Phase 2: Selection of I/O modules (part A)

In this article we discuss the selection of Input / Output Modules (part A) (index of design phases)

2A-Hardware selection of input / output modules

The selection of the type of modules should be based mainly on the technical requirements, on the one hand, and on the other in the economic cost of the complete solution that we are designing. On the other hand, we must take into account the list of approved manufacturers (the so-called “vendor list”).

Here are some of the points that should be considered in the design:

A) -Modules of digital inputs

The usual thing is to use 24 VDC modules and there are not many cases that justify using another voltage in the digital inputs. As examples that justify the use of a higher voltage, we can mention: i) we have cables of a very small section and very long that cause a non-allowable voltage drop (it is not usual for cables with sections of 1.5 or 2.5 mm2); ii) there are high electromagnetic noises.

Some advantages of using 24 VDC are as follows:

-It’s a low voltage not dangerous if it’s touched.
-It does not produce interferences and we can also mix digital inputs and 4-20 mA analog inputs in the same cable.
-Typically the cost of the module is lower and modules with high densities are available (number of inputs per module).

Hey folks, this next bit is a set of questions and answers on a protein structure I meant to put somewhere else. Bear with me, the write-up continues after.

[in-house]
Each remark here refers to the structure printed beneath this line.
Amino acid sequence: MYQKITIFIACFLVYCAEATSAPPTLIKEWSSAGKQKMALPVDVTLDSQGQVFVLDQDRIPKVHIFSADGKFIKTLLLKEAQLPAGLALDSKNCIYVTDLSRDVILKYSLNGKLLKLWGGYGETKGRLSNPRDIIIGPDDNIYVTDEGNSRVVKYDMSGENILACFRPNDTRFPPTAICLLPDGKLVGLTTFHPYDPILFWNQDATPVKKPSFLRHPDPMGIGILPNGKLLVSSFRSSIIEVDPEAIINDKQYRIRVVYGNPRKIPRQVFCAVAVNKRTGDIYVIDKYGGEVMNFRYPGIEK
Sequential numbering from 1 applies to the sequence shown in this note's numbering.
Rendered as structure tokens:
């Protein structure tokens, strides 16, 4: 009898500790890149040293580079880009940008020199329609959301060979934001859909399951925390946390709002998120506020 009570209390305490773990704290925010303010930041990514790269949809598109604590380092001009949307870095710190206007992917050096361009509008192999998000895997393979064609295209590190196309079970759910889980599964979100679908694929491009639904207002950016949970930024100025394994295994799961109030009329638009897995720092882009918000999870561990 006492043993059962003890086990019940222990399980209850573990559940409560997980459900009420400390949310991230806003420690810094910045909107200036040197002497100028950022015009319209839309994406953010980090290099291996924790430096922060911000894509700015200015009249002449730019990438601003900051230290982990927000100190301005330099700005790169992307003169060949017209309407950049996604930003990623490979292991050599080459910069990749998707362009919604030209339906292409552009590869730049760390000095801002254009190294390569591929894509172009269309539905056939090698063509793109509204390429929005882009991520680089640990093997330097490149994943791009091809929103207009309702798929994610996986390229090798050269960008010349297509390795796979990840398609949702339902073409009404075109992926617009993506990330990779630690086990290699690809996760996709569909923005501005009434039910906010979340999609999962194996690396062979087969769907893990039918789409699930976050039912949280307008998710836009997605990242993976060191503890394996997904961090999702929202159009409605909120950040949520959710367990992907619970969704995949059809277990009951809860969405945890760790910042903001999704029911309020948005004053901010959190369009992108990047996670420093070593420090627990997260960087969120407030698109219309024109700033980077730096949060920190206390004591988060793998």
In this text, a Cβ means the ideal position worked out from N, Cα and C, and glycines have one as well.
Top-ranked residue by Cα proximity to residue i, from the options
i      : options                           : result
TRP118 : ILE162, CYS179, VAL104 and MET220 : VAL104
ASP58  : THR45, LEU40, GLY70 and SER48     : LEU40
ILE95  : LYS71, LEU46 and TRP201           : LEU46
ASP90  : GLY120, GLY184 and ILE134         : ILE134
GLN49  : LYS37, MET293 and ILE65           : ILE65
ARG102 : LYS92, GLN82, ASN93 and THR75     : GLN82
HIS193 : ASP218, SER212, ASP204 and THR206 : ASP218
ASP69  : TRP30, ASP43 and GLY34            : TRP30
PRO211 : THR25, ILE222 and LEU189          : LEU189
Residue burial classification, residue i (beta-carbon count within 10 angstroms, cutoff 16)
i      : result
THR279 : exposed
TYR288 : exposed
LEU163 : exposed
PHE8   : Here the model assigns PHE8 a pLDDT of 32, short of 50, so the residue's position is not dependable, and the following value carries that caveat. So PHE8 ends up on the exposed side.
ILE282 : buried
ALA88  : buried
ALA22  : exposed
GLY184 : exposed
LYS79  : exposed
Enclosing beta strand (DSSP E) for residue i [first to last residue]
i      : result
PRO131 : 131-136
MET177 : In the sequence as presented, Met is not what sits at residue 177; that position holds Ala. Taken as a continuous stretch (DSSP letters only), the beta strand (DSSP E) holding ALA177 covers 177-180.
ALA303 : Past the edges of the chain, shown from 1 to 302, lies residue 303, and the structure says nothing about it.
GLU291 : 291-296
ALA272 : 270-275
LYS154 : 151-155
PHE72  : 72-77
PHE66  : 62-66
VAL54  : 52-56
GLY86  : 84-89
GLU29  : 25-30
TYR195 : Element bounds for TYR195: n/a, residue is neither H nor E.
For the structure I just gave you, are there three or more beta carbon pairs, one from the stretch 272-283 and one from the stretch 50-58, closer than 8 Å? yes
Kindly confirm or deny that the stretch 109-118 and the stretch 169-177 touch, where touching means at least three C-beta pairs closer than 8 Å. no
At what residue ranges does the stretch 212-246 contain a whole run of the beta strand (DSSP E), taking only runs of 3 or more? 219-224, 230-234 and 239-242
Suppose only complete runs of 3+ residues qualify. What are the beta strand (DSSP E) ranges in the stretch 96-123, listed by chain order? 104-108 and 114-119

-It is best suited for high frequency inputs or explosion hazardous areas.
-We can connect sensors with output transistor (PNP or NPN) such as proximity sensors, Namur sensors, etc.

B) -Digital Output Modules

The most used output voltage is 24 VDC, but we can find technical requirements that advise another value such as 120VAC / 240 VAC / 125 VDC. On the other hand, it is necessary to take into account the voltages specified for the fields devices like solenoids, lamps, MCCs, etc. and whether there are intermediate relays or not.

It is usual that the technical specification defines the different field voltages but does not enter into what should be the voltage value of the digital outputs of the PLC.

The fundamental data to define the type of module is the power of the final element, i.e. the supply voltage and the current consumption in amperes. This information will also tell us whether or not to use intermediate relays.

In applications with high switching frequencies (e.g. in machine tools) another fundamental data is the maximum output frequency as well as the possible overvoltages that can be generated by deactivating outputs with inductive loads (such as contactors, etc.).

In what cases is it justified to use high voltages at the digital outputs when there are no intermediate relays?
-If the field elements are too far from the control cabinet.
-If there may be electromagnetic noises that advise it.
-If there are consumers with high powers.
-If we are in dirty environments or with suspended powders that affect the electrical contacts.

Another aspect to consider is the type of internal component of the module (relay, transistor, triac, etc.) Digital relay outputs have many limitations that need to be properly analyzed, although they may be appropriate if we want to use different voltages in the same module.

Some of these limitations are as follows:
-Low switching frequency.